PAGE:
The paper is still downtown, an old building that stretches back to the block behind it. The Stoneburner family started the paper back in the late 1800s, publishing twice a week. The Exeter Ledger was one of three papers in the town at the time, and soon ended up as the only one. The paper moved to this building in 1903, with a special two-story room in the back of the first floor for the printing press operation. The paper does Scout troop tours several times a year, and the printing press is always one of the highlights.
The troops come in at night, when several of the offices are dark. But the newsroom is still full, and the police scanner keeps it from ever getting too quiet. The Scouts used to see reporters at work on stories, calling sources and writing from notes. Now they’re more often out on the scene of whatever they’re covering, sending information and stories back. The copy desk still is busy, though, and Scouts often get to watch as a copy editor starts to build a page for the next day’s paper, drawing boxes and then placing stories and photos.
The tours usually are Thursday nights because some of the Sunday features sections print that evening. They start downstairs in the press room, then move up to the newsroom where they can see the fresh papers — damp off the press, not hot, according to one copy editor — come up a dumbwaiter for the editors to check one final time. Those first copies always look a little fuzzy until the pressmen get the color plates lined up, and sometimes one of the copy editors will say it’s the 3D version, just to see how many kids will believe him. After that, they go back to the composing room to watch the giant negatives of the pages print out as learn how the file on the computer becomes a negative. Then it’s back downstairs to watch the pressmen burning plates for the next day’s paper from those negatives in one room while the Sunday section runs on the press in another, copies sliding down a rolling ramp overhead through the wall into the mailroom to be stuffed with ads and bundled until Saturday night.
The Ledger prints on site, though the press has changed over the years. Now it’s a technical behemoth that prints several area weeklies on a contract basis, one way the paper has been able to stay independent. The last of the Stoneburner family was set to sell the paper in the mid-1990s when a new company was picking up small papers all over the state to form a chain. A group of local residents, led by Riordan Boyle, banded together to form a foundation and raise enough money to buy the newspaper from Stoneburner. The building hadn’t belonged to the Stoneburner family in almost 50 years at that point, and owner Steve Donaghue agreed to donate the building to the foundation.
The paper is run by a board of directors as a nonprofit, and any money raised goes to grants for organizations throughout the community. Editor Carl “CJ” Jenkins has been at the paper almost 25 years, and he says the challenges between local ownership and the nonprofit setup are similar.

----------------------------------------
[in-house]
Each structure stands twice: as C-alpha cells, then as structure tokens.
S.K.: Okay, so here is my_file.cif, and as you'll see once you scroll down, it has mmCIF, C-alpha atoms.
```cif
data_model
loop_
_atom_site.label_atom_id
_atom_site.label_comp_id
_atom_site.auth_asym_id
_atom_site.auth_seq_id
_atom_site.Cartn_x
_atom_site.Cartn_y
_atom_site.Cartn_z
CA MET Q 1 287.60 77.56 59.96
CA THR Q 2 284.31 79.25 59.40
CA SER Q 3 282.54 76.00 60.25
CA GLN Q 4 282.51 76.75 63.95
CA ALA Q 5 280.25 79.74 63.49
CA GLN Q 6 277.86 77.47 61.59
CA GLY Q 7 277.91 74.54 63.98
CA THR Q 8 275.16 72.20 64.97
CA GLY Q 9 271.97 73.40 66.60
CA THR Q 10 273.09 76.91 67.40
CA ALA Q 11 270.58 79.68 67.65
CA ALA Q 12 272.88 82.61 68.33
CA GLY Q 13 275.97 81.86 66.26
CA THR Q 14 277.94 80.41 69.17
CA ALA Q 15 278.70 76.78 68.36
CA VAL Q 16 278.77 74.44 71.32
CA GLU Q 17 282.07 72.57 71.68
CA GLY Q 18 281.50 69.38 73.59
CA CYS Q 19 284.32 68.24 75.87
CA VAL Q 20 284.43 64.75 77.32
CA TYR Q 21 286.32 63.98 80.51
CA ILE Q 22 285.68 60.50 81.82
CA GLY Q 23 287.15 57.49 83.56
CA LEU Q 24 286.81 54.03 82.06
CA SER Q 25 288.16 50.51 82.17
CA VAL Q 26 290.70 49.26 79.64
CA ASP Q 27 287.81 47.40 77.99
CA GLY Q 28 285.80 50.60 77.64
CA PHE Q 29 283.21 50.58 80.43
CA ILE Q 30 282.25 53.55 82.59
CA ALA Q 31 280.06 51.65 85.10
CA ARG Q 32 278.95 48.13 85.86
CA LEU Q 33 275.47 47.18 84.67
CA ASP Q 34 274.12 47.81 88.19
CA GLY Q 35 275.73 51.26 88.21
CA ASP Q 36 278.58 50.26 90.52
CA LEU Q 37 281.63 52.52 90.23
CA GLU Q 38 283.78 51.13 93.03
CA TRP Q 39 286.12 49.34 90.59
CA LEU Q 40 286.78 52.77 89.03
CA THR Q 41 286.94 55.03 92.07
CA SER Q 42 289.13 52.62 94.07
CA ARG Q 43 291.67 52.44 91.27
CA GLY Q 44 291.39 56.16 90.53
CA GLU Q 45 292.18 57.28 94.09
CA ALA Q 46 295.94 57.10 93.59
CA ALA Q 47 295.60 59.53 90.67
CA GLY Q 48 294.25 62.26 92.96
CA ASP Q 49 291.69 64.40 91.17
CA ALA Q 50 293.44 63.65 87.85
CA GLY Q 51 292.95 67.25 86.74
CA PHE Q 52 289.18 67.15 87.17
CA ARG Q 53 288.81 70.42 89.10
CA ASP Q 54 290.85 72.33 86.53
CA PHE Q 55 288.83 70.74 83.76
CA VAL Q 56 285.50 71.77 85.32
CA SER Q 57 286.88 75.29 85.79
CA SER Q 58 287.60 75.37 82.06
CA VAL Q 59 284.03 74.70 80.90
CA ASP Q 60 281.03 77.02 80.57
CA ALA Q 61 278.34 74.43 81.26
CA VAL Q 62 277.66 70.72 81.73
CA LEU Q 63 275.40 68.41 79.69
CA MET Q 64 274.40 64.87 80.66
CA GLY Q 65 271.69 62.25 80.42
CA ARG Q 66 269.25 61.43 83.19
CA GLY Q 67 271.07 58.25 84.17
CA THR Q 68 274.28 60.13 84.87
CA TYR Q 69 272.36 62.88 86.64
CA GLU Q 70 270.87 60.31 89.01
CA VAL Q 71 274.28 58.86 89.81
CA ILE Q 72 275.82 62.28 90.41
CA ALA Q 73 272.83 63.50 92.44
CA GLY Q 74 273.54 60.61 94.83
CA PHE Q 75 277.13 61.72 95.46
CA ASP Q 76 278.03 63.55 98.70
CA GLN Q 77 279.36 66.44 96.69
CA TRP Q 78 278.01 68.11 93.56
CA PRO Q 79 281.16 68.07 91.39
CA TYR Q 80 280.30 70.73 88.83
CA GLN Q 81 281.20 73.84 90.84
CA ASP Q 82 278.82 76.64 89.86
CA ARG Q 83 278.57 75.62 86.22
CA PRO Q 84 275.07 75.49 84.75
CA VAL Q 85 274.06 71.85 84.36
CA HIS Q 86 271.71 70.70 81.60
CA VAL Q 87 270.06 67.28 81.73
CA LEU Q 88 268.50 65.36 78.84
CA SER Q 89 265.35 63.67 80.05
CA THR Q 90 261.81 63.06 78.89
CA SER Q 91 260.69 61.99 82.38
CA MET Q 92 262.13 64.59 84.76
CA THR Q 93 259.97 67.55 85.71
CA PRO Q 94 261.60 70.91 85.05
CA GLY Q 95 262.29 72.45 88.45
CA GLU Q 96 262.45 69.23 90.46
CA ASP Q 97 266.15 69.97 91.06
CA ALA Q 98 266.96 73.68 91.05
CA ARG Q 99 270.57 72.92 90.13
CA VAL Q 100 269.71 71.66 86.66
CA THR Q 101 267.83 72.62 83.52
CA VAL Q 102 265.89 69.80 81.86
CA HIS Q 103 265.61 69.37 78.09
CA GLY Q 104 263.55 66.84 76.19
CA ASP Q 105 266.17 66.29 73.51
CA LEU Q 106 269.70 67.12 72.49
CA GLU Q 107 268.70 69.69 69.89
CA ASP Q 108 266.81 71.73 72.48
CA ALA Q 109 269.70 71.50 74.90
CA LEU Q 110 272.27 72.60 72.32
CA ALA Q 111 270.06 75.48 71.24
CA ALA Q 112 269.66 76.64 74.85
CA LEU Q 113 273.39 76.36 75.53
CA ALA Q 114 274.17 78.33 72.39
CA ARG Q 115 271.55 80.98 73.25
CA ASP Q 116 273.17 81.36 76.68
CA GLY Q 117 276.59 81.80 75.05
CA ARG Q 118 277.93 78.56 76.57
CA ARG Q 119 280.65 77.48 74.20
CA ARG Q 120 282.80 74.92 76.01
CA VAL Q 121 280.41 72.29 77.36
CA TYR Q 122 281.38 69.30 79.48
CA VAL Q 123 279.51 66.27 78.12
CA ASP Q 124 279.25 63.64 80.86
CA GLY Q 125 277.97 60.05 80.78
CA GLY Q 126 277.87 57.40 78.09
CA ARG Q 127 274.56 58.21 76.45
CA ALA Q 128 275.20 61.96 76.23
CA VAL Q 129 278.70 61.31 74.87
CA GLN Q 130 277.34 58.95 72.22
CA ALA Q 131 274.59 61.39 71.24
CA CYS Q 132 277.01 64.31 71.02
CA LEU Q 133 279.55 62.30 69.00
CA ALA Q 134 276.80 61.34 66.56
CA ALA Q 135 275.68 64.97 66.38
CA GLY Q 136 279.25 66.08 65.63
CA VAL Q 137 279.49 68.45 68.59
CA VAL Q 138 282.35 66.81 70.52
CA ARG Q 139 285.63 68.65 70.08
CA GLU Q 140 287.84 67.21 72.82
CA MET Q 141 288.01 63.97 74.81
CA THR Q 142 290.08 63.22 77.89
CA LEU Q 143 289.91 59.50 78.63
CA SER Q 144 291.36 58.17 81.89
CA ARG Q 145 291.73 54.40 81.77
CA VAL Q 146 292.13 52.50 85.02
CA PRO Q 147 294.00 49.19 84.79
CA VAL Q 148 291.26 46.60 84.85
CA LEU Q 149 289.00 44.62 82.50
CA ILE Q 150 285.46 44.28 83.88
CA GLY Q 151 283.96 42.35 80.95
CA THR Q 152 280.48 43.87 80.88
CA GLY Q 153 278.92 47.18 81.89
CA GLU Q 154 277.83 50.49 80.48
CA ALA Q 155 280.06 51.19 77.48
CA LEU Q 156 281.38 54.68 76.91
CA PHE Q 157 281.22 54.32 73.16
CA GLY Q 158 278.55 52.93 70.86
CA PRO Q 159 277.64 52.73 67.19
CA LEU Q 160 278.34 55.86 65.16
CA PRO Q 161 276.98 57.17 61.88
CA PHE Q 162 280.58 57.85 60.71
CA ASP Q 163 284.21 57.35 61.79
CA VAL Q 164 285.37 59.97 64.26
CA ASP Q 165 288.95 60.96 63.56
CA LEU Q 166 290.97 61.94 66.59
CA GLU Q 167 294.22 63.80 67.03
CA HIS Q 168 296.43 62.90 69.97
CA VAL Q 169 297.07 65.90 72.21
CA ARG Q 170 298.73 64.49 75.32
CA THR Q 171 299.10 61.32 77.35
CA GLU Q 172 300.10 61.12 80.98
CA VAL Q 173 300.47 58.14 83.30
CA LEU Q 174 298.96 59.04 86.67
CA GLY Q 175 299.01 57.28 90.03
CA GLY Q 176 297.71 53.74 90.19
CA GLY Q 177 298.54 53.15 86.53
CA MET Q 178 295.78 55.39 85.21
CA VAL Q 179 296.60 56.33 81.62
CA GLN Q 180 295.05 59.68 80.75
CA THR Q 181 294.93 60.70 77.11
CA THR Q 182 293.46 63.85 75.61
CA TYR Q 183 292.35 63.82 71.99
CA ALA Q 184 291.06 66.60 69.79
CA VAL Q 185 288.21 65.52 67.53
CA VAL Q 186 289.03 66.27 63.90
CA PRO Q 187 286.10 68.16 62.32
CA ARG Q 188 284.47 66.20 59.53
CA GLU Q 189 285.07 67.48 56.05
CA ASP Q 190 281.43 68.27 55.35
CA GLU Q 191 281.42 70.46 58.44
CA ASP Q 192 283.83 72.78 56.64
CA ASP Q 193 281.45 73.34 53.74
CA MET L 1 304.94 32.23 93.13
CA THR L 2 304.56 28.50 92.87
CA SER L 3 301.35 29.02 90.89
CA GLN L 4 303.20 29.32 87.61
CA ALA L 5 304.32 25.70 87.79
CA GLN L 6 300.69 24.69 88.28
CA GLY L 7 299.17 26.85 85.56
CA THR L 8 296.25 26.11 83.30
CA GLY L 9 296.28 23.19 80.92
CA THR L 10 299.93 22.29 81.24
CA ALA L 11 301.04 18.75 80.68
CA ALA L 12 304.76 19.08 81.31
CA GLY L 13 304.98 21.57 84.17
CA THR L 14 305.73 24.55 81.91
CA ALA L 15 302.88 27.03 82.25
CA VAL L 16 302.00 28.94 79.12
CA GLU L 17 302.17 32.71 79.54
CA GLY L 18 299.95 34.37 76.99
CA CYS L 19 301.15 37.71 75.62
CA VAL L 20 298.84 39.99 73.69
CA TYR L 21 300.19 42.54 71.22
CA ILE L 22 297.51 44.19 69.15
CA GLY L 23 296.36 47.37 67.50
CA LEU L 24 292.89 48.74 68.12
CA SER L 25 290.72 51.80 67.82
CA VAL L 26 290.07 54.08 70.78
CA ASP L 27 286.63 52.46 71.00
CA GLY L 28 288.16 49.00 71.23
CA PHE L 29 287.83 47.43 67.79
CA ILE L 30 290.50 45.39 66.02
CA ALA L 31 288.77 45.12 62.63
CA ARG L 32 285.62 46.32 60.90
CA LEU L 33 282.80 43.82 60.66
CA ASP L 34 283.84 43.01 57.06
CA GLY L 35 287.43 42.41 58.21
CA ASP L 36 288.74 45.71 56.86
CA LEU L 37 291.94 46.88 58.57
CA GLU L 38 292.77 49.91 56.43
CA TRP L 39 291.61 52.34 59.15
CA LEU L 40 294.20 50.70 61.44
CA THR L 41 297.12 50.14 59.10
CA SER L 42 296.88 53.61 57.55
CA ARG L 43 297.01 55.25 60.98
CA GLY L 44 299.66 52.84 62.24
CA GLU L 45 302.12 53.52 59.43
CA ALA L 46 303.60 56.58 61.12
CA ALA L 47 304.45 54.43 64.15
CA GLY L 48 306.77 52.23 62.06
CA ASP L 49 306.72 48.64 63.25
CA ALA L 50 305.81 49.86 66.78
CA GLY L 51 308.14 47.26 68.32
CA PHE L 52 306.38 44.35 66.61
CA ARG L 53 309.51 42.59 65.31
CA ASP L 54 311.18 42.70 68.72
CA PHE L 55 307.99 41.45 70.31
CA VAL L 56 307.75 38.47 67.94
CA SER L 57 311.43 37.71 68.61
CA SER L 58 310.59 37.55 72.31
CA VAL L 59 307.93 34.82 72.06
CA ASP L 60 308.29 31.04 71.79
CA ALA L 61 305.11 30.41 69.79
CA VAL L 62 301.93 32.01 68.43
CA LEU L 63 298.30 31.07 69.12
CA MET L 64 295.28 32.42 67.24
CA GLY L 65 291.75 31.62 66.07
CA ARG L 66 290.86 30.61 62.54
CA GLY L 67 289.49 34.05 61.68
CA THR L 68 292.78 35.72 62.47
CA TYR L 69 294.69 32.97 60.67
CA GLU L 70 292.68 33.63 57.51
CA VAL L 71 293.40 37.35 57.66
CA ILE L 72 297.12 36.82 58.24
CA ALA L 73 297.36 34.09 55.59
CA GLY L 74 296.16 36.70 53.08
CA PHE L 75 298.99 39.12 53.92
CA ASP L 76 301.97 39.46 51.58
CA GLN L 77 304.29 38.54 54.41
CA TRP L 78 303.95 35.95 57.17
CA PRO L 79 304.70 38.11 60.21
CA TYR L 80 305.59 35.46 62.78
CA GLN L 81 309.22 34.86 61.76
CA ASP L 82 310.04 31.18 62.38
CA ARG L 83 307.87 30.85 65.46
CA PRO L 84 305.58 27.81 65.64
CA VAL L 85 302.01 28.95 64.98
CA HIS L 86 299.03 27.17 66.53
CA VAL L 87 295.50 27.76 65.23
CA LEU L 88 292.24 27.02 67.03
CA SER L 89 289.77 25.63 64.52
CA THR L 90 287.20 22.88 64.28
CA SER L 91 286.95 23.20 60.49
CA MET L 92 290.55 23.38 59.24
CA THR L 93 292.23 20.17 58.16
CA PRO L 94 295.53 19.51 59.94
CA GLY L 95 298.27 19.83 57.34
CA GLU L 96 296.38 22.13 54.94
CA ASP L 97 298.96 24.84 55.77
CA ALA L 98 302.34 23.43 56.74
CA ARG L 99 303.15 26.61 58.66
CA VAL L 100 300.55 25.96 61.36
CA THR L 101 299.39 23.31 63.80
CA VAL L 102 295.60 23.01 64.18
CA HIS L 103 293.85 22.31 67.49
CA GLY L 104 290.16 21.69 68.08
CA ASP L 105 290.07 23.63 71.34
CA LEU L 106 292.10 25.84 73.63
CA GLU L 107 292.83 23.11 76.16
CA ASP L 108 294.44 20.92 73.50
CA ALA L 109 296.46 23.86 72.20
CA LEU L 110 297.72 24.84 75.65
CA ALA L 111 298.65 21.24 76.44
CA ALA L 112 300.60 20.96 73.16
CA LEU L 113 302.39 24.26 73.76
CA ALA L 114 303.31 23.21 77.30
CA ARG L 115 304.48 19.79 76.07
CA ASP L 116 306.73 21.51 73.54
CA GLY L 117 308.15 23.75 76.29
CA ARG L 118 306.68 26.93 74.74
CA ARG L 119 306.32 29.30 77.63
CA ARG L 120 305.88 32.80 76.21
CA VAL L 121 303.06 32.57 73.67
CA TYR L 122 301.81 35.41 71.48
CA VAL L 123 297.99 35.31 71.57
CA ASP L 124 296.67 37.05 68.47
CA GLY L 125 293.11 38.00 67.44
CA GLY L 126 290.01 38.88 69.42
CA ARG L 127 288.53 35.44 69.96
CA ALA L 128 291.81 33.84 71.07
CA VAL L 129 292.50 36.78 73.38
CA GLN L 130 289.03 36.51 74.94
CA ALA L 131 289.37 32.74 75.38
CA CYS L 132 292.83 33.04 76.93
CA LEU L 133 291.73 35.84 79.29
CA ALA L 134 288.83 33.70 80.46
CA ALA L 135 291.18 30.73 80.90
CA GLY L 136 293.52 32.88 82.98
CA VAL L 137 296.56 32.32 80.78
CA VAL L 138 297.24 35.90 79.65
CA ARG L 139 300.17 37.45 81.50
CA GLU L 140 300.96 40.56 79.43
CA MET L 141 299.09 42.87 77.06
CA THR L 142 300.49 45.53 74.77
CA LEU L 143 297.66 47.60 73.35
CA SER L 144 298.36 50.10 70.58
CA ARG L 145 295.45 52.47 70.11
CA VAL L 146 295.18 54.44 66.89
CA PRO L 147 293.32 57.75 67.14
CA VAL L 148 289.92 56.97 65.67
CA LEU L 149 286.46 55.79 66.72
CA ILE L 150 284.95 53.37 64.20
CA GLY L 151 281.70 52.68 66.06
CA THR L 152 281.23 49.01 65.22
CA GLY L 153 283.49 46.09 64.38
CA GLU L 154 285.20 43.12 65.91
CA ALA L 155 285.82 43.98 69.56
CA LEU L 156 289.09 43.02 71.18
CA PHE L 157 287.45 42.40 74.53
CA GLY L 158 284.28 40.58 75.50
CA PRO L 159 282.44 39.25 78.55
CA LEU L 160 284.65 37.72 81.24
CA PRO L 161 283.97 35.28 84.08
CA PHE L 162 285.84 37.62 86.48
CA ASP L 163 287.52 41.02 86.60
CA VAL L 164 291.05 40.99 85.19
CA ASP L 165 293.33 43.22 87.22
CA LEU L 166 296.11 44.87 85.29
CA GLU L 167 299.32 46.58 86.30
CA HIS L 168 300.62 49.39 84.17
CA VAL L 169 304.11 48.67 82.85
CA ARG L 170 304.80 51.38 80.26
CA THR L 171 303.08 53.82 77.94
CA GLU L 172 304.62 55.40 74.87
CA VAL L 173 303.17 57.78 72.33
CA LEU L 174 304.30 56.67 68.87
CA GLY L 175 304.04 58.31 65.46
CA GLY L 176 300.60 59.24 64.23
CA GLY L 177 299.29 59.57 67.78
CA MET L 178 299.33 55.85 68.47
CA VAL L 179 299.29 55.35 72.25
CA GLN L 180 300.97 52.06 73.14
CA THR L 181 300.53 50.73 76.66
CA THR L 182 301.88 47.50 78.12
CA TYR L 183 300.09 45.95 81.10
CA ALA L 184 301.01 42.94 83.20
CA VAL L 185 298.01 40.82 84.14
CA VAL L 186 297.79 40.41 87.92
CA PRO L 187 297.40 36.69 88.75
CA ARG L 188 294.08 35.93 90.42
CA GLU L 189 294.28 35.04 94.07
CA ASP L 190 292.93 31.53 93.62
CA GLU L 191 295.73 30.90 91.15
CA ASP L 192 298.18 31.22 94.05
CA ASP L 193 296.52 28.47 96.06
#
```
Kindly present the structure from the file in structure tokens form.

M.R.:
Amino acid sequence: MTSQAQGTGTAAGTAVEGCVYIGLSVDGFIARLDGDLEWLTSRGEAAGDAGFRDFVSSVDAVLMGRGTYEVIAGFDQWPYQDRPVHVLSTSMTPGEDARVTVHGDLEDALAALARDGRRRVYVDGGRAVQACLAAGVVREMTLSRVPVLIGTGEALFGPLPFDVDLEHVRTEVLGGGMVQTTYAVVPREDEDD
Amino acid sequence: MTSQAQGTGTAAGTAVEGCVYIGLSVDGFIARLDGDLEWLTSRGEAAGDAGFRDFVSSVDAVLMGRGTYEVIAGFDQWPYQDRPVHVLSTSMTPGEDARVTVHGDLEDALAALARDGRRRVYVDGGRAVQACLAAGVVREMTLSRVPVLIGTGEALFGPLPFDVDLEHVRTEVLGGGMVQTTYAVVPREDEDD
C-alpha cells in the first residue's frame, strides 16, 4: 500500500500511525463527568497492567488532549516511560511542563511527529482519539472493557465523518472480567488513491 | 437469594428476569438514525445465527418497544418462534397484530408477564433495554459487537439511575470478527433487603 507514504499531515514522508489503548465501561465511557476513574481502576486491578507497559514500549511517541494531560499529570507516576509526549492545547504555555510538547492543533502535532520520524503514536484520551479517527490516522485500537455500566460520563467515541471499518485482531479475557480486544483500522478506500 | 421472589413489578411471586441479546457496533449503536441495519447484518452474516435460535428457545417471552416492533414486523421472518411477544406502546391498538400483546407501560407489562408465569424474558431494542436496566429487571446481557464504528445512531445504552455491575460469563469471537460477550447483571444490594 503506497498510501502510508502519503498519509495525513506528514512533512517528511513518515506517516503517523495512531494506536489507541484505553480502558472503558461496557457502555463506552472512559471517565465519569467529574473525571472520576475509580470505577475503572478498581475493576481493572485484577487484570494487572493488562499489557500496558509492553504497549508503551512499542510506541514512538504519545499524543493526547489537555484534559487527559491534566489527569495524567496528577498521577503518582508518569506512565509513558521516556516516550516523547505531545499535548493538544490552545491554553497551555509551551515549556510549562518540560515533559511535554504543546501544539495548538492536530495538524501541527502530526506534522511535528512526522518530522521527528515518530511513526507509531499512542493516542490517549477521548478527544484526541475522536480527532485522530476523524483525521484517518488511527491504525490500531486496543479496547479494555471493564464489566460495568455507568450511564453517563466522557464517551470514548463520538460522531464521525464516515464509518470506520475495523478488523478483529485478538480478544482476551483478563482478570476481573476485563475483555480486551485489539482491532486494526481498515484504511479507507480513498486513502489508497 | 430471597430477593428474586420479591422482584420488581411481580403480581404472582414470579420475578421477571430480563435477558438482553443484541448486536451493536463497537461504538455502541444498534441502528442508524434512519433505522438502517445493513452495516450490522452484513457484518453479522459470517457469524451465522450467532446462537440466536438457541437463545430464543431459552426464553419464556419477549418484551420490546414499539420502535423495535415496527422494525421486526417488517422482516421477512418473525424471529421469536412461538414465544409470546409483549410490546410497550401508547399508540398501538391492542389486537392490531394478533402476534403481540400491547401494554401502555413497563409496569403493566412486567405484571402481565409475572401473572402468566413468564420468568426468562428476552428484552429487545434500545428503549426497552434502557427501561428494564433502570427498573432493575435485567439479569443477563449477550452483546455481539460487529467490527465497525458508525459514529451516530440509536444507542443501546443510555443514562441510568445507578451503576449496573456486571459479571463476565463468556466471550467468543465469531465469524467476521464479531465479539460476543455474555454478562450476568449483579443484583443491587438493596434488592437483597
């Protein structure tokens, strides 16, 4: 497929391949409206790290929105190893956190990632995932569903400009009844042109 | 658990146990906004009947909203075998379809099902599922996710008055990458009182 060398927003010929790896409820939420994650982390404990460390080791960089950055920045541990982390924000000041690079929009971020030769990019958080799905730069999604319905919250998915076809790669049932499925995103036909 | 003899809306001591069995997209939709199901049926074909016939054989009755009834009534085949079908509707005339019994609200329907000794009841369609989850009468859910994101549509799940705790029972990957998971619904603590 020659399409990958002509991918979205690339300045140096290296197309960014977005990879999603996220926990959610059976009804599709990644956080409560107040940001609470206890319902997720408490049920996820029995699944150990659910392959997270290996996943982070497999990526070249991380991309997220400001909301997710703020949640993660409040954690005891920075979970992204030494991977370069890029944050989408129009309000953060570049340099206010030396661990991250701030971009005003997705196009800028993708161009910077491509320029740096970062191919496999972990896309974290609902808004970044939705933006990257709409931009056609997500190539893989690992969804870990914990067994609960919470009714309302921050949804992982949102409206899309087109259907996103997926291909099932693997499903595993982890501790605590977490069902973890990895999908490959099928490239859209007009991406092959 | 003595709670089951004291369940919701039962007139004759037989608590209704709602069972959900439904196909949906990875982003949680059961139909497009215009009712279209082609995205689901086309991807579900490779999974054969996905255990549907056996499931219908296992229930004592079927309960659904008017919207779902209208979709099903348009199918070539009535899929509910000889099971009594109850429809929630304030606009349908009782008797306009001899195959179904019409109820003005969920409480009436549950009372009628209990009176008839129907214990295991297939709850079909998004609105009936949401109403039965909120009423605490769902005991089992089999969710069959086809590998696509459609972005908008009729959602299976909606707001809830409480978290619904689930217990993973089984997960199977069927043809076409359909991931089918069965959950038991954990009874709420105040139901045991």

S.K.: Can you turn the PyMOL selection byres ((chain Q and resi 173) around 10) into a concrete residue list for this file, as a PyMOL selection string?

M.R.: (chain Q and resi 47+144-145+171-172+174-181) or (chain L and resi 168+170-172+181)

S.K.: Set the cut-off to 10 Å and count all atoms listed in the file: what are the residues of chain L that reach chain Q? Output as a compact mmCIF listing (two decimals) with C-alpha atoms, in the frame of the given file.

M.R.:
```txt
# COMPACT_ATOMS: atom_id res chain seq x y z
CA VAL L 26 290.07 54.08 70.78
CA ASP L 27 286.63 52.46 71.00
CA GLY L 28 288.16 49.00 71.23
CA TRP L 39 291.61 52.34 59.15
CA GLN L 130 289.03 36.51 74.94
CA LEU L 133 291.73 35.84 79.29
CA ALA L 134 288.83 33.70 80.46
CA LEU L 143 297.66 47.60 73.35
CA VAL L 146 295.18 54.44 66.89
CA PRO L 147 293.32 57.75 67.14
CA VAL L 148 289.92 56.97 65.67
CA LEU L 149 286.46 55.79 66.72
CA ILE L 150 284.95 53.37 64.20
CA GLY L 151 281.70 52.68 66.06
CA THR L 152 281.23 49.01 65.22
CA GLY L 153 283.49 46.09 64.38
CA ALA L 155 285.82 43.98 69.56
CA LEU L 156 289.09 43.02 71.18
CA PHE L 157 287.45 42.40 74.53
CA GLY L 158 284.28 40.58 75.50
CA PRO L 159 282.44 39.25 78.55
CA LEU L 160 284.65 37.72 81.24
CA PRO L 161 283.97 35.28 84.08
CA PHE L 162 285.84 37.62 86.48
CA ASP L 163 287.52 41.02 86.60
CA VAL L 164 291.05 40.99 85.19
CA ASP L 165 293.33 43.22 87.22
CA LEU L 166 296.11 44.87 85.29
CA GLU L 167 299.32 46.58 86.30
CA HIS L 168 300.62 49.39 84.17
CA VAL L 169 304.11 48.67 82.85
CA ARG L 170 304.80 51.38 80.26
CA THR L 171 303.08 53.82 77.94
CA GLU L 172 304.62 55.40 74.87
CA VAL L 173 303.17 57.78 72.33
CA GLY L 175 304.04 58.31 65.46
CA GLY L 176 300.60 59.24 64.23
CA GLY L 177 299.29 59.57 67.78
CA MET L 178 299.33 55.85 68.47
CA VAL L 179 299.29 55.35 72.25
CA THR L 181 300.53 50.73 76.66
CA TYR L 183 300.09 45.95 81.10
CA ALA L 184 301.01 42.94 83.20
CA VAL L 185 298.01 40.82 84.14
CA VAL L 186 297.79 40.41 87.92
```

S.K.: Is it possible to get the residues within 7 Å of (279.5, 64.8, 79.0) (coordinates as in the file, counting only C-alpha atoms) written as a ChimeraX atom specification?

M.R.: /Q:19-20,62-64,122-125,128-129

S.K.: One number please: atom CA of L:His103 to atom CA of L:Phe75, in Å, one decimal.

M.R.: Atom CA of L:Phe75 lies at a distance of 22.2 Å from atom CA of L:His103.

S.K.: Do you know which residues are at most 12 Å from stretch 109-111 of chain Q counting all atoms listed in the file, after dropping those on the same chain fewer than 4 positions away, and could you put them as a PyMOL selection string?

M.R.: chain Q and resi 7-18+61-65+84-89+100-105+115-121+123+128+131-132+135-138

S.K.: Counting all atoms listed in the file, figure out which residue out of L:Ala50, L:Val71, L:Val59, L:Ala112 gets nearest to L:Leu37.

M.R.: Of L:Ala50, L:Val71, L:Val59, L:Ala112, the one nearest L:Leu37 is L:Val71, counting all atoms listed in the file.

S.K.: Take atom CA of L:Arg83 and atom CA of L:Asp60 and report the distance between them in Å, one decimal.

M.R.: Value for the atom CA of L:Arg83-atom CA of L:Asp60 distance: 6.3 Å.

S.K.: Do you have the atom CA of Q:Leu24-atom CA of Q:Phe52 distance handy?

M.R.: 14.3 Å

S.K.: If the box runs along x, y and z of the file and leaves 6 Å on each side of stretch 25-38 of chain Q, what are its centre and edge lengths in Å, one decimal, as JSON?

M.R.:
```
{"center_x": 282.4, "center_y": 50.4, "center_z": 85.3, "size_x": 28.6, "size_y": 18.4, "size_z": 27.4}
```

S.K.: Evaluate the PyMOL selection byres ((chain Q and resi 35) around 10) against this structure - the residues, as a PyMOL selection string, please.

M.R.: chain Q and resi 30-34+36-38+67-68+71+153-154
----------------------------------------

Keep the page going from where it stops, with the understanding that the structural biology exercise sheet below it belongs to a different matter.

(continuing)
“Back when I first started, there were some stories I couldn’t touch because Old Man Stoneburner wouldn’t let us. And it wasn’t unusual for him to come walking through the newsroom demanding we cover some rinky-dink check-passing or something else because one of his buddies was involved.” Jenkins shrugs. “At least with the board, they’re not walking through the newsroom. And they’re pretty good about staying out of my way on stories. Every so often, one board member might try to push our coverage one way or another, but it’s a diverse enough group that it’s rare for everybody to agree on something coverage-related.”
Jenkins’ office is part of the second-floor newsroom, which overlooks downtown Exeter. Papers are stacked all over the place, and framed front pages hang along the walls. More recent ones are from big news events, but older ones feature stories Jenkins wrote as a reporter. Next to the window is the Sept. 12, 2001, paper.
“That was a crazy day. It was a Tuesday morning, and a lot of the towns around here have selectmen’s meetings on Monday nights, so the newsroom was pretty empty. The TV was on and they broke in with the announcement.” Jenkins pauses to look across the newsroom, which is far from empty today. “One other reporter and I started calling people, telling them to get their asses in here. Nobody really knew what was going on, but since two of the planes had left out of Logan, people started leaving Boston. One of the reporter went down to the train station to talk to commuters getting off the train, and we had others trying to figure out if anybody from here was on either of the flights.” He turns to look out the window. “Will O’Meara was on one of the planes that hit the Trade Center. That family’s seen more than its share of tragedy over the years.” Walking across his office, he stops under another front page, this time with a police honor guard carrying a casket as the main photo. “His father’s funeral was the first one I ever covered. Every time I cover one, I hope it will be the last.”